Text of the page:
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Does Drupal offer a chronological sort module?

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NathanJ79
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Does Drupal offer a chronological sort module?

I know very little about the Drupal forum platform. I know it's open source, and I understand that it has modules which work with it kind of like how extensions work for Firefox. Add a module, change or augment a feature, right?

So, is there one, by any chance, to allow a member/user to choose a forced chronological order of replies? In the current climate, you can reply to any reply or to the topic itself, but if three people reply directly to the original topic and then a week later, someone replies to the first reply, their reply gets posted above the two replies which were made a week before.

Technically this "threading" system is more correct, as far as chronicling a discussion, but IMHO it's never been drawn right. On screen, it's just a mess. Visually, a forced chronological system looks better, though I suspect it's a matter of opinion. As a now 10-year vet of forums, I'm usually the first one in an online community to say something, not about the rules or the conduct of the members, but about the forum platform. And I have learned that most people just don't care, so long as it works. But, being more technically-minded here, I wonder what common opinion is, if one exists.

For those waving the WTF flag, here's a simple diagram. A, B, and C are replies to a topic (someone clicked "Add Comment" at the end of the topic). 1, 2, and 3 are replies to A (someone clicked the "Reply" button on A). 4 and 5 are replies to B, and 6, 7, and 8 are replies to C. Drupal (what we have here) displays the messages in the following order: A123B45C678. Invision, vBulletin, phpBB, and virtually every other forum platform I've used will do this instead: ABC12345678; however clicking "Reply" on a reply will quote it. (Invision has a cool feature where you can queue replies, and then when you go to reply, they're all quoted and you just reply to them all like a MySpace questionnaire.)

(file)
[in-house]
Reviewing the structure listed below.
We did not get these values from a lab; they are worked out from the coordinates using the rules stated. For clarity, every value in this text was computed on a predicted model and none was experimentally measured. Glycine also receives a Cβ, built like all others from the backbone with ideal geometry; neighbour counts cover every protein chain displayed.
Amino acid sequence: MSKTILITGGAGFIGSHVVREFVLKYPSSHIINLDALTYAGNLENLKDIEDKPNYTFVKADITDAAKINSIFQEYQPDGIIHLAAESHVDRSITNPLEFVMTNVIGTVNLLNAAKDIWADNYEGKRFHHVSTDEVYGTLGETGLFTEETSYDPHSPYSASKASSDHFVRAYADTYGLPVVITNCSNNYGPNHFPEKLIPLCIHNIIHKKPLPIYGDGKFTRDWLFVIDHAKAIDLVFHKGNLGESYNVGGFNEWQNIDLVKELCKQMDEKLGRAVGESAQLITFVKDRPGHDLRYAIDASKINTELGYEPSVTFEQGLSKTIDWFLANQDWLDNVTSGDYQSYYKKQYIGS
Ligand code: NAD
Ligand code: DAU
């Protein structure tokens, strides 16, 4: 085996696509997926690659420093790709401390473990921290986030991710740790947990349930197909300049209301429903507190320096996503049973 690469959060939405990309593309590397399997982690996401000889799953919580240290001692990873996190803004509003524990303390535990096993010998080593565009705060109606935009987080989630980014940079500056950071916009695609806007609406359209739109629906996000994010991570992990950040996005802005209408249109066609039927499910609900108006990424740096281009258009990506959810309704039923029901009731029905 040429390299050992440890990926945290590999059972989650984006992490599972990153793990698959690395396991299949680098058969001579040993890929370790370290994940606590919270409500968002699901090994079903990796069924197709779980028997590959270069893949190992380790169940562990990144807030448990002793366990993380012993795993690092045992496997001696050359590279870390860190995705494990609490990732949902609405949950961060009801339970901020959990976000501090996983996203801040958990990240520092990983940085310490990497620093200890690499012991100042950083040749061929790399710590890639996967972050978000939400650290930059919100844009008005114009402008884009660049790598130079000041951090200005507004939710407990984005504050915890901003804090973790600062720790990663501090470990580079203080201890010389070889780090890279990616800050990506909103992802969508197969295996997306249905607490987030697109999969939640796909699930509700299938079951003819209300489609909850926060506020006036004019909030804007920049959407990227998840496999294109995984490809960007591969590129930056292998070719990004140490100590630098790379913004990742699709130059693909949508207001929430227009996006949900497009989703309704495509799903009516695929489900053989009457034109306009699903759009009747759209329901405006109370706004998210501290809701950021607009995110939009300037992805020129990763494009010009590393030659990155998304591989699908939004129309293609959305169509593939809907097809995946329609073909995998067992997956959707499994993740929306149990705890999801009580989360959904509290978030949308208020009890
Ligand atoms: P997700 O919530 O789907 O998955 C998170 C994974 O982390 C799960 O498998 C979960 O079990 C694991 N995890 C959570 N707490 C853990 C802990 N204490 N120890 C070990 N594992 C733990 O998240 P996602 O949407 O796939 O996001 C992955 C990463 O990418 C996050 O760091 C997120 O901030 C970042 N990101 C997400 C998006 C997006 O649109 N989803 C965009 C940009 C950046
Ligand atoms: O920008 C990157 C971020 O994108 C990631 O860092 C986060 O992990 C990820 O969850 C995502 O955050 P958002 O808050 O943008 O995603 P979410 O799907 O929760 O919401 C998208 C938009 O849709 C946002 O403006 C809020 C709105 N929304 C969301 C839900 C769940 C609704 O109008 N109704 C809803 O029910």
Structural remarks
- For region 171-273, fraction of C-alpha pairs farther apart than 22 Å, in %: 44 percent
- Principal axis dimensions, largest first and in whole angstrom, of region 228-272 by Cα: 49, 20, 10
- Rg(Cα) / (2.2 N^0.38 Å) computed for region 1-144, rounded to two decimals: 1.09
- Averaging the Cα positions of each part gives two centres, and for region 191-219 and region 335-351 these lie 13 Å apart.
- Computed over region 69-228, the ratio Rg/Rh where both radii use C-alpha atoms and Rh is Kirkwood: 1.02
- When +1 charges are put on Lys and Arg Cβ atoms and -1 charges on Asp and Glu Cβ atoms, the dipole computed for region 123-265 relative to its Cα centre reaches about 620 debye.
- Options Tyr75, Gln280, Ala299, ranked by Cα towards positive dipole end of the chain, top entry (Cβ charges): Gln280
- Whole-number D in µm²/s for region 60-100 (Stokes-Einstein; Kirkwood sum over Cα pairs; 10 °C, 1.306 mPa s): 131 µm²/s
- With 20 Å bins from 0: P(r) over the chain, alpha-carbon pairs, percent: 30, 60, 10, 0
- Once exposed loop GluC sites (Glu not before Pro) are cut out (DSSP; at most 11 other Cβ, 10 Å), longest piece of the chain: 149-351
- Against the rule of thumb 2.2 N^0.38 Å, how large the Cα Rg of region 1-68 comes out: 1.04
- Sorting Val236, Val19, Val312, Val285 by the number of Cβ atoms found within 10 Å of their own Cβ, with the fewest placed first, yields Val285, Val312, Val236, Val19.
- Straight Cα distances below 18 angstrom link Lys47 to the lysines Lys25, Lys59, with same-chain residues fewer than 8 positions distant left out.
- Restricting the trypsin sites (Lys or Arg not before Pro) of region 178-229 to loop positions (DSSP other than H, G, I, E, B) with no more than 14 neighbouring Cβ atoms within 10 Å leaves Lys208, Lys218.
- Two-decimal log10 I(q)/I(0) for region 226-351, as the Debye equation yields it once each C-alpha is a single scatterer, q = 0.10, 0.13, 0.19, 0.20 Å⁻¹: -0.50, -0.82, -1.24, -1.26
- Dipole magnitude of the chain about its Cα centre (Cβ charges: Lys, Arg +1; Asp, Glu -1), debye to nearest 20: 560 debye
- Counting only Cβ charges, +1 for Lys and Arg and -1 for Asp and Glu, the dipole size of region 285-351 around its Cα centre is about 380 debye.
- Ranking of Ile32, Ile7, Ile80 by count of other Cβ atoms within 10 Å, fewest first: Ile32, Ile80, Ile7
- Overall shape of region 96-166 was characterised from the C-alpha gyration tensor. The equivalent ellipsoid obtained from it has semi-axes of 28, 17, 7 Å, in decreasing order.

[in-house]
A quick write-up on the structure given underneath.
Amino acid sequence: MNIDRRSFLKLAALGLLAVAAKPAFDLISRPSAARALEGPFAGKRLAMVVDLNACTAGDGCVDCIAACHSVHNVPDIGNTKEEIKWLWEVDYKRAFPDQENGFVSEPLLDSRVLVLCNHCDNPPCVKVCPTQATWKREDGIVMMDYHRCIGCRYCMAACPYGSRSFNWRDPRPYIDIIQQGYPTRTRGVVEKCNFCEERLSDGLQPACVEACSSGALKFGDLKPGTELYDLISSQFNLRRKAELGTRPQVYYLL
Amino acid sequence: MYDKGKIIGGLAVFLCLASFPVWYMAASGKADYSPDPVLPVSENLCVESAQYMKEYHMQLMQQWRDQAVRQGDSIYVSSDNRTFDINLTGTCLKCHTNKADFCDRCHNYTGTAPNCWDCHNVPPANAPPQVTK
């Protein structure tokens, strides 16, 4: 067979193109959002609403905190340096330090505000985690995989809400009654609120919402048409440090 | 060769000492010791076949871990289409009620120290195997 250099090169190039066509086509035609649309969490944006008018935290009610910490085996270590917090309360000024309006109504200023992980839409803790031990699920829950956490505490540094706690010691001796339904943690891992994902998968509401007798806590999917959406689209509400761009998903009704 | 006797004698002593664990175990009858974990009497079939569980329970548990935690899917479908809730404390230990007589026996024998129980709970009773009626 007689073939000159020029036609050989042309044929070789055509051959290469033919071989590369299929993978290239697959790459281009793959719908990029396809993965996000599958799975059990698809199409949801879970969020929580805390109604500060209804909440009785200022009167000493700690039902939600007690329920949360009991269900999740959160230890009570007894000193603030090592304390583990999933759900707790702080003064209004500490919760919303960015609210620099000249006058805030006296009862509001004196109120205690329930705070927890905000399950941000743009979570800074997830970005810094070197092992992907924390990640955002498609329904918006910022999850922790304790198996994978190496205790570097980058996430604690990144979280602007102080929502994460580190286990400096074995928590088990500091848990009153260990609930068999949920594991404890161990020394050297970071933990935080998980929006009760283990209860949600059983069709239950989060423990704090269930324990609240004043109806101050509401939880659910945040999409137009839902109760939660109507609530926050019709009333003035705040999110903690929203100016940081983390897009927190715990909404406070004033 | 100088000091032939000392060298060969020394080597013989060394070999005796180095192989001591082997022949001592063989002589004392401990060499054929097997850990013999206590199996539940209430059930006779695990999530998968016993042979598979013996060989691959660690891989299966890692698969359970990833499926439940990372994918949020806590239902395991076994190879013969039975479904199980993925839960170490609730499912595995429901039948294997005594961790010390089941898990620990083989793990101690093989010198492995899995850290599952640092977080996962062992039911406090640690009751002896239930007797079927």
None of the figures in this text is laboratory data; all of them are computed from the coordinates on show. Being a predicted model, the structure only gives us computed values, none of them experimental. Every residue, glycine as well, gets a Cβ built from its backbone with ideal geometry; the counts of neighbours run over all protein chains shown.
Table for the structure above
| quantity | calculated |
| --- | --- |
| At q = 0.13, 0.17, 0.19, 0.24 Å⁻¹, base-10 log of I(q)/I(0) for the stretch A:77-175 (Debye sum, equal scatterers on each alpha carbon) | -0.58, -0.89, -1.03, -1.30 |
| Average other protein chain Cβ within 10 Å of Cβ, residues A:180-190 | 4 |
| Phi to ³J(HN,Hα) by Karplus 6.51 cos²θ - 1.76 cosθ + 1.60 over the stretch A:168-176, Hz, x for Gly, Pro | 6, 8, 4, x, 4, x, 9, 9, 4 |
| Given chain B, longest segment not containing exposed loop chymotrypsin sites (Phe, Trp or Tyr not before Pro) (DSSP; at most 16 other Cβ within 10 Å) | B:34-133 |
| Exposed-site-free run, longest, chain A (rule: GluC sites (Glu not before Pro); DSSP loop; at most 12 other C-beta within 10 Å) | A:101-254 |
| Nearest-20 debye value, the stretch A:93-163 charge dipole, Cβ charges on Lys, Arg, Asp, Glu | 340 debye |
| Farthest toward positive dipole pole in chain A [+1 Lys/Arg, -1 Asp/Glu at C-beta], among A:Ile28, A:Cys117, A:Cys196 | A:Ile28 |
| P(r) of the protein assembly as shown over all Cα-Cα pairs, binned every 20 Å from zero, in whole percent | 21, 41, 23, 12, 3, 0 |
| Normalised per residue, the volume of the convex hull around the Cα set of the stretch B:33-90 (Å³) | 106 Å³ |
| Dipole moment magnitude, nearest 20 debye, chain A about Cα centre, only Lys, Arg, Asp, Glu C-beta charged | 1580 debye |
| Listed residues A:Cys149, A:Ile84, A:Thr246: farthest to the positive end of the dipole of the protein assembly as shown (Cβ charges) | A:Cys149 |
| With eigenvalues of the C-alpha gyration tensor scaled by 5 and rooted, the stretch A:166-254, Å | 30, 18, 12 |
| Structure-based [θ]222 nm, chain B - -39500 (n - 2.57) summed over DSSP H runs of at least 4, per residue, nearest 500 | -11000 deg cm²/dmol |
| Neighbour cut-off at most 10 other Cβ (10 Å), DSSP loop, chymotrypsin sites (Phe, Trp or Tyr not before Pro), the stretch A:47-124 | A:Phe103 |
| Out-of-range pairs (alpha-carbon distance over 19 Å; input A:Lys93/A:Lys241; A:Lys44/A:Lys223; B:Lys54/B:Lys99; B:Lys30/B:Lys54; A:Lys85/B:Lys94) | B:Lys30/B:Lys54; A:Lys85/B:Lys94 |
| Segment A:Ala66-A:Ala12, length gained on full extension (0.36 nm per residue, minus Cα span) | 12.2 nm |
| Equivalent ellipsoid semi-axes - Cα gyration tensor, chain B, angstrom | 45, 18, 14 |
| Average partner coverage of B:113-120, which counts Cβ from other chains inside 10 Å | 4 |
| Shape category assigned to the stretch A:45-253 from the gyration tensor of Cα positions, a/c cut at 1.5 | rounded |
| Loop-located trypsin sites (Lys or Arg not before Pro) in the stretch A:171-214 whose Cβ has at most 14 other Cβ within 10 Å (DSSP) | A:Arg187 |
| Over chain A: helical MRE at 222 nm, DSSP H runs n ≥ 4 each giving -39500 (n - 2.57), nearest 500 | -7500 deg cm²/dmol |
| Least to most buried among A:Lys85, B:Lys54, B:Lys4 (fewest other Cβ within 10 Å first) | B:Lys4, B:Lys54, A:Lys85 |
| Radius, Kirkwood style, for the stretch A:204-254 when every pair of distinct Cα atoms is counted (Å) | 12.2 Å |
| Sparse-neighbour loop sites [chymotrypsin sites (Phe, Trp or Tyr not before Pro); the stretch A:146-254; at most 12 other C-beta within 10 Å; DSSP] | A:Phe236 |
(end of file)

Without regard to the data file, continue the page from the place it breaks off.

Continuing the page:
John T. Haller
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Thread vs Not

Forums are, by their nature, difficult for many folks not familiar with forums to follow. Their flat nature makes following a train of thought difficult since post 7 responded to post 2 and post 19 on page 2 responded to that. Most major sites have gone to a threaded or semi-threaded arrangement. Look at Digg or Lifehacker or Slashdot or similar sites to see what I mean. Ideally, I'd like to go semi-threaded ala Digg, but it is difficult with Drupal.

Sometimes, the impossible can become possible, if you're awesome!

chappy191
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thats some nice tips, check

thats some nice tips, check out bbc and cnbc to find out more.

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